Just when we have become so hyper-connected, the psychological issues of our times seem to be rooted in problems connecting with others. This was the tone of the four-day European Congress for Body Psychotherapy in September, Berlin, where established psychotherapists discussed the challenges they face today. Anxiety, burnout and depression, as well as greater tendencies towards narcissism, alienation and dissociation are apparently among the highlights of today’s therapy rooms. But how are they linked by a lack of connection?
For Maurizio Stupiggia, professor of general psychology at the University of Genoa, it’s all a question of speed. The acceleration of human interactions and movement, combined with the increasing autonomy of technology, has left us vulnerable to losing our sense of the reality of ourselves. Referring to the neurological phenomenon of attentional blink, Stupiggia explained that our brains need a certain amount of time to integrate our successive states of being. Between the blinks, information slips into our unconscious, meaning that we only consciously process a portion of what we sense, with separate fragments lurking below. According to Stupiggia, we are losing connection with ourselves, our high-speed lives obstructing our ability to maintain a coherent sense of self. Definitely pause for thought.
Another target was the rise in the autonomy of the individual. Circling around the topic of burnout, many speakers referred to the pressures of the “you can do anything!” era that has replaced a more restrictive, authoritarian society. The narcissistic pressure to show how great we’re doing sits heavily and awkwardly on top of fears and vulnerability. Charged with making ourselves better and more efficient, we are struggling with the perceived need to show strength and be perfect, tending to sacrifice ourselves to others. Whereas therapy used to encourage people to be more than they had allowed themselves to be, today it needs to help people accept what they also cannot do. It’s okay to have limitations.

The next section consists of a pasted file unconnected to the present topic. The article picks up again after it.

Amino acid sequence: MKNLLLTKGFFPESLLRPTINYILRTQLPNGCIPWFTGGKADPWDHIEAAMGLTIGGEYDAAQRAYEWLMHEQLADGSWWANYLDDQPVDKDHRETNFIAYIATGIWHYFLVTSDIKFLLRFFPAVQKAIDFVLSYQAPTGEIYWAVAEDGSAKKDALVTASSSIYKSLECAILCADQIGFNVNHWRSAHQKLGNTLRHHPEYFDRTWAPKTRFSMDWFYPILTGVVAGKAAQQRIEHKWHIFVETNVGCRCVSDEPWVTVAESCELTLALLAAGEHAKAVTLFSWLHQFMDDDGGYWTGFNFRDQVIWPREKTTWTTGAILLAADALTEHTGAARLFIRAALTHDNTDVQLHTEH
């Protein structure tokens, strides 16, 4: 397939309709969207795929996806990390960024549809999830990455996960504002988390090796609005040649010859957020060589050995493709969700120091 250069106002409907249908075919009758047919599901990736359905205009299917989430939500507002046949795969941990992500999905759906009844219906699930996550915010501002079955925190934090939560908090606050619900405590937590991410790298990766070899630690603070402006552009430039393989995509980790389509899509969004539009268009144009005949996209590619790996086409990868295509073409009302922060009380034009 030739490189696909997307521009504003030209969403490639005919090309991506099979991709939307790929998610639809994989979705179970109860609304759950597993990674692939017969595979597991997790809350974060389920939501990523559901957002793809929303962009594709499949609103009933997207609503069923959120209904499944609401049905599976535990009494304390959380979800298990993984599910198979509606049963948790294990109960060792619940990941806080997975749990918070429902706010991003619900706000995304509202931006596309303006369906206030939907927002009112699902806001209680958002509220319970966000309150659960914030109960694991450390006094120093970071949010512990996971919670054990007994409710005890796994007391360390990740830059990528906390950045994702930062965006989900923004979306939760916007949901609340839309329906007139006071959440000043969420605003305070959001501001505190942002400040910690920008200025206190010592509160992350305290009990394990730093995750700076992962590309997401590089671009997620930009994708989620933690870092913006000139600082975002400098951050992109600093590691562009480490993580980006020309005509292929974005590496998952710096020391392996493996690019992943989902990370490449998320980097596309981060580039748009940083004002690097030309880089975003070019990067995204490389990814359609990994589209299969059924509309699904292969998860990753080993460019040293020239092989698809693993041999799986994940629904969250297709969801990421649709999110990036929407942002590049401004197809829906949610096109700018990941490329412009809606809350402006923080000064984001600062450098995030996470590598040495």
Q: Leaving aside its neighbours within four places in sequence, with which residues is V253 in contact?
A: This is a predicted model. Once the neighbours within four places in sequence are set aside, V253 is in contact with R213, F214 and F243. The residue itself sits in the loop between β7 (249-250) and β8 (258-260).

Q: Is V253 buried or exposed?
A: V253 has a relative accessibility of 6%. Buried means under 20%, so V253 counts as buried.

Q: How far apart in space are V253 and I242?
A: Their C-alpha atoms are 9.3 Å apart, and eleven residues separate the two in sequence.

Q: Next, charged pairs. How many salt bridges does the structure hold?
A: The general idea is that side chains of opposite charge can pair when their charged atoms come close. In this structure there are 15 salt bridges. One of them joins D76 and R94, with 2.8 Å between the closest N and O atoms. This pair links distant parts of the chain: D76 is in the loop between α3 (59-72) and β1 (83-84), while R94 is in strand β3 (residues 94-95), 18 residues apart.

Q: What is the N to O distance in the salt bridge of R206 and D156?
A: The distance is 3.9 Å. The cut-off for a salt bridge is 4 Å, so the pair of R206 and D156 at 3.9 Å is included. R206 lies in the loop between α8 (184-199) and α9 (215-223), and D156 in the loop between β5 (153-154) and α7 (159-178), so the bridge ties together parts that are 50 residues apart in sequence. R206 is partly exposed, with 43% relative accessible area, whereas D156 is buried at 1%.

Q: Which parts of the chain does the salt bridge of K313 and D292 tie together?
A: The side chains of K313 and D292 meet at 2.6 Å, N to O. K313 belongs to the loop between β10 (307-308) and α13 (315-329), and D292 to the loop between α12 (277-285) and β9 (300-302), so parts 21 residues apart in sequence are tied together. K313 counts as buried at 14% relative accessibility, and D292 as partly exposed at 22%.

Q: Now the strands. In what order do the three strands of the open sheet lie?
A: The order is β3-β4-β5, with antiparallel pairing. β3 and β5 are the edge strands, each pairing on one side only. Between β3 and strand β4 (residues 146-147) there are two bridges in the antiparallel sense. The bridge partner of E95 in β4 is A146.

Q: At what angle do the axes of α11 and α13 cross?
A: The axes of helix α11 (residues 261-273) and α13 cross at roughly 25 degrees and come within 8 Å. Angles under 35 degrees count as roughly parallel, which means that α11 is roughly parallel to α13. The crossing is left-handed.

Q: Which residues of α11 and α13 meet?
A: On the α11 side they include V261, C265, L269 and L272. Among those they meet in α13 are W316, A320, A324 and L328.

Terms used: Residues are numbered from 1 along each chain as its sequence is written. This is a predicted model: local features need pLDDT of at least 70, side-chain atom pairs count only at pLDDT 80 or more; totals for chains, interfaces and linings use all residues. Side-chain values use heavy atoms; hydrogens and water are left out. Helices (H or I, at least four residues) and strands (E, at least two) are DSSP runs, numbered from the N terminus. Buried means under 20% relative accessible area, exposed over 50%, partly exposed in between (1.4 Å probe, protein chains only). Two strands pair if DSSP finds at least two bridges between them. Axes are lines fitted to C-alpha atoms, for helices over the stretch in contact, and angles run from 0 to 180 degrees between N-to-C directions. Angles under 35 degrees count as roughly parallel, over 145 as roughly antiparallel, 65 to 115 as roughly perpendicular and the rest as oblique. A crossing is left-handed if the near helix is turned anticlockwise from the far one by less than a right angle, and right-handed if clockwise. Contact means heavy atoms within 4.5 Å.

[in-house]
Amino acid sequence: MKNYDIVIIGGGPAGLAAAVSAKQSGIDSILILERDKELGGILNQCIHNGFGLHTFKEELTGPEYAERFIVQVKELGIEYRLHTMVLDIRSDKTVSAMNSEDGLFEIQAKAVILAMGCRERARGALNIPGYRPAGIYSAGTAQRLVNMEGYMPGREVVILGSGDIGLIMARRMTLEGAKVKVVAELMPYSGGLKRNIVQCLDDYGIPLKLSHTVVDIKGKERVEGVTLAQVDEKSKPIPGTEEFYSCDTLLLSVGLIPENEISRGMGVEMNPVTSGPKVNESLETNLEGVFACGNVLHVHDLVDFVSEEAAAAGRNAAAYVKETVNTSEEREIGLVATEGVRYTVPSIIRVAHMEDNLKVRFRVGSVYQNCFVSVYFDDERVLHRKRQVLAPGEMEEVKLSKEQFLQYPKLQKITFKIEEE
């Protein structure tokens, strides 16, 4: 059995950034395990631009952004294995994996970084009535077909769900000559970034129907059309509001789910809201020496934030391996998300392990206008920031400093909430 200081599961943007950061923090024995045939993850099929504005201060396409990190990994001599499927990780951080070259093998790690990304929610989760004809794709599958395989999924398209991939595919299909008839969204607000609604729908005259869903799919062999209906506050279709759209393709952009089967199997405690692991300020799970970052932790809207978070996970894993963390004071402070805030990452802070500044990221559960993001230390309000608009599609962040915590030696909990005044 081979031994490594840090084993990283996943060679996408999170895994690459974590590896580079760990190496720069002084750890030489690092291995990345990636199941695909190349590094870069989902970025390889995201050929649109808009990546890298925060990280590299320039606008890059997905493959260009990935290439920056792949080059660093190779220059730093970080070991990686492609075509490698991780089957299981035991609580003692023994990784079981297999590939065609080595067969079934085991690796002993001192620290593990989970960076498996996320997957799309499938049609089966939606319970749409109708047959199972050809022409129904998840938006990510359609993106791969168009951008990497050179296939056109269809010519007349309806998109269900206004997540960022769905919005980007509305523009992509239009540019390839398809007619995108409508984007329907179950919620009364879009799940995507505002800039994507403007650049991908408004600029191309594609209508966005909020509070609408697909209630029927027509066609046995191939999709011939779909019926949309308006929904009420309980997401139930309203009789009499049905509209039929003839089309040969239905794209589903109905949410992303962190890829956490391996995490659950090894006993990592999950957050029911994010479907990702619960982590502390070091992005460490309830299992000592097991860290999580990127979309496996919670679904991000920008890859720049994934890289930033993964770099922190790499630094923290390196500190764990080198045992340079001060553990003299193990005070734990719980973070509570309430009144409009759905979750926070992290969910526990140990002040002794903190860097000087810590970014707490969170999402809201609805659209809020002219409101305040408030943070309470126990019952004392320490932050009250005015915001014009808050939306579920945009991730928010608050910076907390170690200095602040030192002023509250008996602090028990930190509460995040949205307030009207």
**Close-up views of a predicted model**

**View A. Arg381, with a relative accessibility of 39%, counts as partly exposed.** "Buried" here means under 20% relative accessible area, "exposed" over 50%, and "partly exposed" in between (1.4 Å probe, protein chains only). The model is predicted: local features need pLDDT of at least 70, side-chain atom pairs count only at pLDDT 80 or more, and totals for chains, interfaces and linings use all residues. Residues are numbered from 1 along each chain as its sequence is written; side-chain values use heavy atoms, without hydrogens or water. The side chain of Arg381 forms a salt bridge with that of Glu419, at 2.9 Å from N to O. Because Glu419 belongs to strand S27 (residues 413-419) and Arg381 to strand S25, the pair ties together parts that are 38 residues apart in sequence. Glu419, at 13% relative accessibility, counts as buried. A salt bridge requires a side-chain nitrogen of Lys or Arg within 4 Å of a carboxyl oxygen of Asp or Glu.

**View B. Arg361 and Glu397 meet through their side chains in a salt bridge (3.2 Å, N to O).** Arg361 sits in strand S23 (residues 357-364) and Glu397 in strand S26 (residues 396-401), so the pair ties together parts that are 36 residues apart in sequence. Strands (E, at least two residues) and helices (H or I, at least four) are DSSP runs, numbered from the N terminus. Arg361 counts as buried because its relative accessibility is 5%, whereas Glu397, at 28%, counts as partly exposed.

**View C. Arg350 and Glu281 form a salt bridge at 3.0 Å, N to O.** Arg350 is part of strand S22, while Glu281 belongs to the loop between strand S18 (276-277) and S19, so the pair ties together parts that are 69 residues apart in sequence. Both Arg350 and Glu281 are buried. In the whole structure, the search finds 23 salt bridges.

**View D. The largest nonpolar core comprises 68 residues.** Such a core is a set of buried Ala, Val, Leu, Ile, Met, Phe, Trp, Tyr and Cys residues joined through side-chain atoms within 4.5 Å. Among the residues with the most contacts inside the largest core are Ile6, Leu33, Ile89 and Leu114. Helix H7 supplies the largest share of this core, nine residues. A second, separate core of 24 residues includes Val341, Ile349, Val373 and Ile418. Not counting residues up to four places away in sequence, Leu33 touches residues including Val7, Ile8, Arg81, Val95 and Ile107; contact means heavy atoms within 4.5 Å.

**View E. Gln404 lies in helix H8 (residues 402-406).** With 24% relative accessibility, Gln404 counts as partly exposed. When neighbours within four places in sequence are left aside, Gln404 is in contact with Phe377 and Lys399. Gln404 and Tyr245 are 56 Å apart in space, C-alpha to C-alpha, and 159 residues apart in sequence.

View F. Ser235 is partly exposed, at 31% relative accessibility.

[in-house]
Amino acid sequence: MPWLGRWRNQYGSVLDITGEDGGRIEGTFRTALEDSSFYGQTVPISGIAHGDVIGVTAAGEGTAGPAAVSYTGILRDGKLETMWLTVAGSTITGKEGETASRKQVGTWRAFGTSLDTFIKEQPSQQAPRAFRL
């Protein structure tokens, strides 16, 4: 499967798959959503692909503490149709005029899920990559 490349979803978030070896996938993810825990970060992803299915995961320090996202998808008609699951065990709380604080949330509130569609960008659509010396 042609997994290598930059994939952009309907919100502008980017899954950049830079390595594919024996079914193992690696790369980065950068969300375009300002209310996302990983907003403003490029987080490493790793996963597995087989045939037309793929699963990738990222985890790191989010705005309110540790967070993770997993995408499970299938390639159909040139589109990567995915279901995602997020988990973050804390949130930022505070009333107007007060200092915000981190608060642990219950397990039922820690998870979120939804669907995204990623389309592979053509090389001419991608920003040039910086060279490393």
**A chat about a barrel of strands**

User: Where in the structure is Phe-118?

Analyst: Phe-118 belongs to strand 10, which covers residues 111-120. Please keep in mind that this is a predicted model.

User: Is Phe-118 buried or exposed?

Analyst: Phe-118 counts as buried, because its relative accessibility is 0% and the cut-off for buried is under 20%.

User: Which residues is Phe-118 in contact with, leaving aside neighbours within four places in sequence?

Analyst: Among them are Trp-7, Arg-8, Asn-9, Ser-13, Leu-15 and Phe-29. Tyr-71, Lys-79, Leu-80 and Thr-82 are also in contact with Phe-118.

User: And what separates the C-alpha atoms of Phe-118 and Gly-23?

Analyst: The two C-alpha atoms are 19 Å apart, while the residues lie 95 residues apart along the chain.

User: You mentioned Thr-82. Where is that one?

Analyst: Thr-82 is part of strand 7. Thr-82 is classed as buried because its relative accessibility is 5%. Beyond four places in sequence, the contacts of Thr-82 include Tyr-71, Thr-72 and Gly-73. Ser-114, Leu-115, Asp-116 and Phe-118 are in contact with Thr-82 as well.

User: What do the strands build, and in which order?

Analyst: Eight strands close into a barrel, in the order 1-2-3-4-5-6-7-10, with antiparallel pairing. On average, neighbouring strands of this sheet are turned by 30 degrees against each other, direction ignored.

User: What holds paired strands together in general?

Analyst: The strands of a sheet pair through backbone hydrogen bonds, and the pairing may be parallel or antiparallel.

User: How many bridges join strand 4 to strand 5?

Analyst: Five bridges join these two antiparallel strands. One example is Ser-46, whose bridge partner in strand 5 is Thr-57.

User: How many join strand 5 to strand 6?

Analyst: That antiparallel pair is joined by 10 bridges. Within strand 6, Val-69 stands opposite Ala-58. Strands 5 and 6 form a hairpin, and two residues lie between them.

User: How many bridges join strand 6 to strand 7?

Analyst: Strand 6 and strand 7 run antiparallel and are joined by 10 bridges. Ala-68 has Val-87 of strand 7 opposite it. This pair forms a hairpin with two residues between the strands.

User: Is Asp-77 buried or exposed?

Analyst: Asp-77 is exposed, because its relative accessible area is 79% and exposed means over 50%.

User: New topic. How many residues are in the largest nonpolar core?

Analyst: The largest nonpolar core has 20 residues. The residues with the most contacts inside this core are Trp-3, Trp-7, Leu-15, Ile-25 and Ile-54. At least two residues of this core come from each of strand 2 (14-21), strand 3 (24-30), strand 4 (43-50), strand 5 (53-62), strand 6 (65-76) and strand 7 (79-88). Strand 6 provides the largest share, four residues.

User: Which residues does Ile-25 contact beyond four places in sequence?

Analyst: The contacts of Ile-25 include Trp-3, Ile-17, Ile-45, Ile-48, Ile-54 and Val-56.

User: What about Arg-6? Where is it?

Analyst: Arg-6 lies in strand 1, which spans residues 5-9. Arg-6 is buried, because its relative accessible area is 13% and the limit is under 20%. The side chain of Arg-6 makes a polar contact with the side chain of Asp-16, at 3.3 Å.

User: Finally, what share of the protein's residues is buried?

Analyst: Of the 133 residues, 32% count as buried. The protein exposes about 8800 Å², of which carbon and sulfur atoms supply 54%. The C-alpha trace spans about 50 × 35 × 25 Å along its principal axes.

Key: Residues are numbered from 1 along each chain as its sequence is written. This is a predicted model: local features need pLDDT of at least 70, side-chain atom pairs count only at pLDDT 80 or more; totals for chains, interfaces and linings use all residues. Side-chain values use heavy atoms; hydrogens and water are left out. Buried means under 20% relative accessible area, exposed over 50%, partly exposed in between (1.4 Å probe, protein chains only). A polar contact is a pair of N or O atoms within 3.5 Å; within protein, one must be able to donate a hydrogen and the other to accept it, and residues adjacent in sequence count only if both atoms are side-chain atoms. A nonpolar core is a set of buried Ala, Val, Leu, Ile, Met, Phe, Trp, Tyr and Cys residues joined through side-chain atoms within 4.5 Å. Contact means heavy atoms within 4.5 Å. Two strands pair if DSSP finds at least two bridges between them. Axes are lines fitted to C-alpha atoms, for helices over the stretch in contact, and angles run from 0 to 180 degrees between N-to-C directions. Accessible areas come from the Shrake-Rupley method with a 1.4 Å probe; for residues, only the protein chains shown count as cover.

Stringing these themes together is loneliness. Marianne Bentzen, a psychotherapist specializing in developmental neuropsychology and trauma treatment, emphasized the importance of being able to synchronize with others. The sense of being in tune with others is what gives us the feeling of safety that we need in order to reach the coherent self that Stupiggia referred to. If we don’t have that attunement, we are less able to regulate our own emotional states. This harks back to the work of psychiatrist and trauma expert, Basel Van der Kolk. His seminal book, The Body Keeps the Score, details how our brains’ social engagement systems keep our stress and fear responses in check. Van der Kolk describes attunement as a mutual sense of being seen and heard. When we’re out of sync with others, we’re much more likely to slip into a hyper-vigilant anxious state, or a numbed-out depressed one.
Linking back to burnout and narcissism, a healthy synchronization with others isn’t exactly on the cards when we experience such pressure to perform. Adding to the expectations we have of ourselves, feeling overwhelmed by time pressure and over-stimulation make it difficult to pay enough attention to each other or our children. The upshot of this is that while we might think of psychotherapy as addressing our inner workings, one of its most important factors is how the therapeutic relationship remodels our ability to attune and attach to others. Contact with others is one of the best routes to a less troubled sense of ourselves, and this applies outside the therapy room too; another incentive to get off our screens and spend time together.